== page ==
Atriance should not be used in people who may be hypersensitive (allergic) to nelarabine or any of the other ingredients.

Why has it been approved?

The Committee for Medicinal Products for Human Use (CHMP) noted that, due to the small number of patients with these diseases, the information to support the approval of Atriance is limited, but it agreed that the medicine could allow some patients to go on to receive a bone marrow transplant, increasing their chances of survival. Therefore, the Committee decided that Atriance?s benefits are greater than its risks for the treatment of patients with T-ALL and T-LBL whose disease has not responded to or has relapsed following treatment with at least two chemotherapy regimens. The Committee recommended that Atriance be given marketing authorisation.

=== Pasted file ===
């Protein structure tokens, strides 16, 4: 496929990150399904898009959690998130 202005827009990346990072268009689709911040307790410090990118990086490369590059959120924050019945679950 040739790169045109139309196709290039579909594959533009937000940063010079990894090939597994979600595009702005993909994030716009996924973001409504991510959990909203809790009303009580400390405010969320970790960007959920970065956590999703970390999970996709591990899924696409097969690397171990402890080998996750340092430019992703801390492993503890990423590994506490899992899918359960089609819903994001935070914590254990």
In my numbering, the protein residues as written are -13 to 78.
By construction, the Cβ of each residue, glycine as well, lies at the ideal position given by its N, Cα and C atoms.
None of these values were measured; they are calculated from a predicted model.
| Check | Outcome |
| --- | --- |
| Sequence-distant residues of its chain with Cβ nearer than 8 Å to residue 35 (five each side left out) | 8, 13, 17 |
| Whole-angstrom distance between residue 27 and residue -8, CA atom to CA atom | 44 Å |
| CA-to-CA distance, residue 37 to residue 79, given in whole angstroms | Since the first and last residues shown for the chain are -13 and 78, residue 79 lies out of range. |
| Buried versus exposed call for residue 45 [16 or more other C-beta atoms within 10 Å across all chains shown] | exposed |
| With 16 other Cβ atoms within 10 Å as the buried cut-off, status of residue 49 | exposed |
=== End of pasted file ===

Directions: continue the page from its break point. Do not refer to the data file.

Atriance has been authorised under ?Exceptional Circumstances?. This means that because the diseases are rare, it has not been possible to obtain complete information about Atriance. Every year, the European Medicines Agency (EMEA) will review any new information that may become available and this summary will be updated as necessary.